Well – it’s the beginning of a new year and I thought I’d celebrate with sharing some newly released picture books that I’m very excited about! There are too many to share in one post – so I’ll complete the list next week!  Here we go….


The Mischievians – William Joyce

Oh, the connections I made to this book!  Have you have ever wondered who is responsible for all the things that happen around your house that nobody seems to be able to explain?  Like where the remote control went, what happened to homework, why there are so many single socks in the laundry and why songs stick in your head.  Well, this book has the answer –  It is the pesky little “Mischievians” at work again!  This book is classic Joyce – funny, clever and fun!  I can’t wait for my students to think up some of their own “mischievian” happenings!


The Colourblind Chameleon – Laura Kantor

How can you not smile at this adorable little face?   And how can you not laugh when you read that this poor wee chameleon is colorblind so while his fellow chameleon’s are changing color for camouflage, his color changes results in the exact opposite!  Because he cannot distinguish colors, he ends up changing into some outrageous shades where he stands out instead of blending in.  Poor thing!  He is left feeling alone and discriminated against.  I loved this book and have developed a huge case of reptile love! The book is bright and colorful with a rhyming text that makes it a perfect read-aloud for younger children.


Dot – Randi Zuckerberg

This past summer, I discovered a few books that shared a similar theme of breaking free of being “plugged in” to electronic devises – Doug Unplugged by Dan Yaccarino and Hello, Hello! by Matthew Cordell.  Meet Dot – she is a spunky, device savy gal – who knows how to tweet, swipe, tag and tap her way through just about every electronic device she can get her hands one!   One day, she is sent outside on a technology-free adventure to re-connct with her friends.  What I loved about this book is the realistic message about enjoying BOTH life and technology.  I also enjoyed the author’s clever double meanings to the words “tweet”, “tap” and “surf”!  And in case you were wondering, yes, the author Randi Zuckerberg is the sister of Facebook Founder Mark Zuckerberg!


Paul Meets Bernadette – Rosy Lamb

My, oh my, this is one for my special shelf.  This is a book about seeing the world in a different way.  simple, imaginative, beautiful. The oil painting illustrations are remarkable.  Paul is a fish who swims around his fish bowl in circles.  Enter Bernadette – who shows him a different perspective on the world and helps Paul see things in a whole new way.  This is a gentle love story that I fell in love with.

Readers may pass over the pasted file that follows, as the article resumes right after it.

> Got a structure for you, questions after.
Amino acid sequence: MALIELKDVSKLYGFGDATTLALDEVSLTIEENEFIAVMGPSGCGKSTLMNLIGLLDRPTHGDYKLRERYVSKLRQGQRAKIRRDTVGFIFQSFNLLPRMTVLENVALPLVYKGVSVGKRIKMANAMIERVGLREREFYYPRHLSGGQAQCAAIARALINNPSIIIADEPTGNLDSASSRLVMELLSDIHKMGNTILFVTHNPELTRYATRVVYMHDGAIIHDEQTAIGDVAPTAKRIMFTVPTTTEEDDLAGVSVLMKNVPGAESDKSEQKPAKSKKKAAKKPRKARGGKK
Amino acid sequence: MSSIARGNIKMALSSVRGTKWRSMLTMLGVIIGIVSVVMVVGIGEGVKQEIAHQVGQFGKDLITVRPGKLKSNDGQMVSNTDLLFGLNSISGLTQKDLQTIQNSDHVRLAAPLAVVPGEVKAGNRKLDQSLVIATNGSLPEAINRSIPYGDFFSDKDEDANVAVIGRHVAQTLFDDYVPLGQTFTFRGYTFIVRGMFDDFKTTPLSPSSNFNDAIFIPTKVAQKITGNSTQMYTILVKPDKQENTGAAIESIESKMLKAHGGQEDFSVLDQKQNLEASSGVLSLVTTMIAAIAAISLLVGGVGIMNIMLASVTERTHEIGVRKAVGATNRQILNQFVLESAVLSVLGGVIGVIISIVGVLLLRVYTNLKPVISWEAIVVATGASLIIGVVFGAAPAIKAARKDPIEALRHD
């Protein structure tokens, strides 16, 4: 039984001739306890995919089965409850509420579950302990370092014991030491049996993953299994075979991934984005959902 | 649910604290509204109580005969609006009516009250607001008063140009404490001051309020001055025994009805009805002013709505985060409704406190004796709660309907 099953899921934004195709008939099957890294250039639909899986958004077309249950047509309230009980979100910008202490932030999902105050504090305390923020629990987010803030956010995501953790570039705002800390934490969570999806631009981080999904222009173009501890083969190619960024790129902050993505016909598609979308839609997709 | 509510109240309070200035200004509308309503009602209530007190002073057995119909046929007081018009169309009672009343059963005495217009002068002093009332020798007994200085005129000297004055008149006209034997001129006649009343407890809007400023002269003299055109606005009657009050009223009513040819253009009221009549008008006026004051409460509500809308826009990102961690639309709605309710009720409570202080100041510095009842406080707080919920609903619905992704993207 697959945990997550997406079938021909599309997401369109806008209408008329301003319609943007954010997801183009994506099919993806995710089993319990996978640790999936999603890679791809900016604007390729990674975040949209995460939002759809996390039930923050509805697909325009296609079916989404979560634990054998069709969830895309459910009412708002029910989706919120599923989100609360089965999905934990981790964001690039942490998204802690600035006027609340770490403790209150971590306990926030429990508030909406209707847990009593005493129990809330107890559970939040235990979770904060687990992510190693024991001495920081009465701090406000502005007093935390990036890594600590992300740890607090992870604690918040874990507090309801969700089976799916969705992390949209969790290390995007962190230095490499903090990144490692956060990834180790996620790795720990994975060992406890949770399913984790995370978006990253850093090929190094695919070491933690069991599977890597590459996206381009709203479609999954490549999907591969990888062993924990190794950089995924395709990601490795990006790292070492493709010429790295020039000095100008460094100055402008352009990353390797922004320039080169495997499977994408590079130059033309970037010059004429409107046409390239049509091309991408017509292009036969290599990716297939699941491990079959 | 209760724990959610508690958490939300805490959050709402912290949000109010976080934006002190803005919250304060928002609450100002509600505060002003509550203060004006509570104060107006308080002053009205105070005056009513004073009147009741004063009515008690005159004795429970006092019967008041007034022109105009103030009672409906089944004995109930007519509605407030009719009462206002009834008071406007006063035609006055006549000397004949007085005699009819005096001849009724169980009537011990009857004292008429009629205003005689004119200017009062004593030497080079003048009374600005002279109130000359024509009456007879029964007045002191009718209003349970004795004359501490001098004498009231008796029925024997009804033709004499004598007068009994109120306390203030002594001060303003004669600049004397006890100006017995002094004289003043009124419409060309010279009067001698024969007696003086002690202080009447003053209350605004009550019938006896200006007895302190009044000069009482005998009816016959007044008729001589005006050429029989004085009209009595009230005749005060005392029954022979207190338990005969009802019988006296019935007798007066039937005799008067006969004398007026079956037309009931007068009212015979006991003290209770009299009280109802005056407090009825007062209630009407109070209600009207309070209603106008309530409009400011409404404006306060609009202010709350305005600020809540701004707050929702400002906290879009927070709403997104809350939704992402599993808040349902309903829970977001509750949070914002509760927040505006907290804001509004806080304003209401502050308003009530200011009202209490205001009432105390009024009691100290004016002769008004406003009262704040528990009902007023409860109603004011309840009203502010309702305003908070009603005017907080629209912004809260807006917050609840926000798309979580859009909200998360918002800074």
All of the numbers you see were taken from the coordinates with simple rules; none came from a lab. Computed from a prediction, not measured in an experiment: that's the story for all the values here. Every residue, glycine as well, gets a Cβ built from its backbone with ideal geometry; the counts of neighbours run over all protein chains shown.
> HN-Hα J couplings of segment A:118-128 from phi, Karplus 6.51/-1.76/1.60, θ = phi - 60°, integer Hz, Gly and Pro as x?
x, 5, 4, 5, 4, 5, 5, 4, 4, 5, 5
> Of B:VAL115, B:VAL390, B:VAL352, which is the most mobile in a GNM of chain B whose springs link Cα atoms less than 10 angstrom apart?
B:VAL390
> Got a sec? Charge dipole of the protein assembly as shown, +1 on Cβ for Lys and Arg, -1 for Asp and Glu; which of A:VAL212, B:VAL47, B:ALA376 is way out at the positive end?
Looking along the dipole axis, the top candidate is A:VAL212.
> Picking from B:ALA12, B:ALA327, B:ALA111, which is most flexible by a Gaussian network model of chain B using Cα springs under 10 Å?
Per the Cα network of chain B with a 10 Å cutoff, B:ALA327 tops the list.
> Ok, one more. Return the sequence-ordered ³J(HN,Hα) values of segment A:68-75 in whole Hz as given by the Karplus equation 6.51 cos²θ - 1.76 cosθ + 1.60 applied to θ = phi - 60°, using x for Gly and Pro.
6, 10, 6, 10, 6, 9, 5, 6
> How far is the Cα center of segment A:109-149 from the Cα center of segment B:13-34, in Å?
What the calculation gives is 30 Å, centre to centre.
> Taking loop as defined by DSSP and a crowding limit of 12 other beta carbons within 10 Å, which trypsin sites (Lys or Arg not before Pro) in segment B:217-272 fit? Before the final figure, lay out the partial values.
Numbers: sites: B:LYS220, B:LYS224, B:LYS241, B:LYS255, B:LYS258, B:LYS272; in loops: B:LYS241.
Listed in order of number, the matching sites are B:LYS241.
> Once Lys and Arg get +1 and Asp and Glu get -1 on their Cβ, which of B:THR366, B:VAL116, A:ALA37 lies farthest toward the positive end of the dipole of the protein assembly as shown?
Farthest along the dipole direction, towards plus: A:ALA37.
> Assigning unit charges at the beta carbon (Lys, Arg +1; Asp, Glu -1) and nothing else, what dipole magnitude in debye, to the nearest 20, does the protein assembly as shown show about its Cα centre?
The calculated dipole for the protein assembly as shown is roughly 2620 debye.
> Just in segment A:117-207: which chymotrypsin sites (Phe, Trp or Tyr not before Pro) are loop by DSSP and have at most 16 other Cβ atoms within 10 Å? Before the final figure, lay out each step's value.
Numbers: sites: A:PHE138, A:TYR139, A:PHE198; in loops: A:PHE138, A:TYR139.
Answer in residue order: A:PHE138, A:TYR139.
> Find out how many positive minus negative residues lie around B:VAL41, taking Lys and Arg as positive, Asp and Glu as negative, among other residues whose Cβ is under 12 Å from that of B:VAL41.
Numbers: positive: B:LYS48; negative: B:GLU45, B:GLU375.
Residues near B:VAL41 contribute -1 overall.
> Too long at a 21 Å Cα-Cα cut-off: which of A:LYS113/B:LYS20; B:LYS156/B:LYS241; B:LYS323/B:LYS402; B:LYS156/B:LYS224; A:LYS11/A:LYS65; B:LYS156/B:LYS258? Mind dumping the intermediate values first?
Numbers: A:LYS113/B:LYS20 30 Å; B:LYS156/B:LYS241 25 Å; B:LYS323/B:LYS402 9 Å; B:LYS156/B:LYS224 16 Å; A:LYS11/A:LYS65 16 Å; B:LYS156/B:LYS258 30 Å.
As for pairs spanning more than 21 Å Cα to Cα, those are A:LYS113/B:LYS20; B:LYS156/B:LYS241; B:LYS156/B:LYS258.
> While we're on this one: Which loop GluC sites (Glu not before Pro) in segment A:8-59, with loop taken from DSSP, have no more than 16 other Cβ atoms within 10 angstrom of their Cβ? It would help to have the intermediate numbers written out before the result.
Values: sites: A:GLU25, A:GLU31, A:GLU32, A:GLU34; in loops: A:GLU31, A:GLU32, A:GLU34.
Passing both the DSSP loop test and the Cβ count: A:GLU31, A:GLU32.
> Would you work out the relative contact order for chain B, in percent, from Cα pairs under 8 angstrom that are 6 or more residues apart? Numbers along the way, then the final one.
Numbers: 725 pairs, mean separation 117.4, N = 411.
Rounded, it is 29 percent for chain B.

The Nowhere Box – Sam Zuppardi

So much to love about this book!  What child cannot relate to being constantly bugged by a sibling?  And what child has at some point used a large cardboard box to create a secret fort, space ship or castle.  George is constantly being followed by his younger brothers.  His solution?  The Nowhere Box!  In it, he can be a pirate, a king, a pilot!  In the end, playing alone turns out to be not so fun.  The illustrations in this book are extraordinary – there is something very textural about them and I kept wanting to run my hands over the pages to “feel” them!


ABC’s From the Whippety Wood: The Magic in Nature – Pamela Harden

From Acorn Fairies to Zillo the Zebra Unicorn – this is a whimsical, wonderful ABC book to add to your Alphabet book collection!  A celebration of nature with beautiful illustrations and creative characters for each letter of the alphabet.   Lovely!


Fossil – Bill Thomson

Wow! Wow!  So so so so good!  A boy and his dog discover some stones while out walking. When one of the stones breaks open to reveal a fossil from a prehistoric plant the boy gathers as many stones as he can find and begins breaking them apart. The result is magical!   This is a wordless picture book with extraordinarily detailed and life-like illustrations.  It almost feels as if you are wearing 3D glasses!  I loved Bill Thomson’s last wordless picture book Chalk and found it a wonderful anchor book for practicing questioning and inferring.  This book has the added bonus of being a Segway into discussions about fossils, dinosaurs, and other aspects of science.  This is a must have for your wordless book collection!


Once Upon a Memory – Nina Ladin

My students, family and friends roll their eyes whenever I say “This is my FAVORITE new book” because I tend to say it a lot.  But this is TRULY my FAVORITE new book!  LOVE LOVE LOVE this book SO SO MUCH!  Why do I love it so much?  First, the images are captivating, soft, gentle, quiet, sweet.  I want to climb inside the book and stay for a while.  Second – this is a story about memory – but gifts us with so much more – questions about nature, about life, about transitions, about the origins of objects, about life.  This book is begging to be used in a classroom – a treasure for lessons on inventions or discussing imagination and asking the question:  What will you remember?  I will certainly remember this book for a long time.

There you have it – part one of my “new books for a new year”!  Hope you found a few titles you might want to read and share.

What have you been reading this week?


Filed under It's Monday, What Are You Reading?, Lesson Ideas, New Books, Picture Book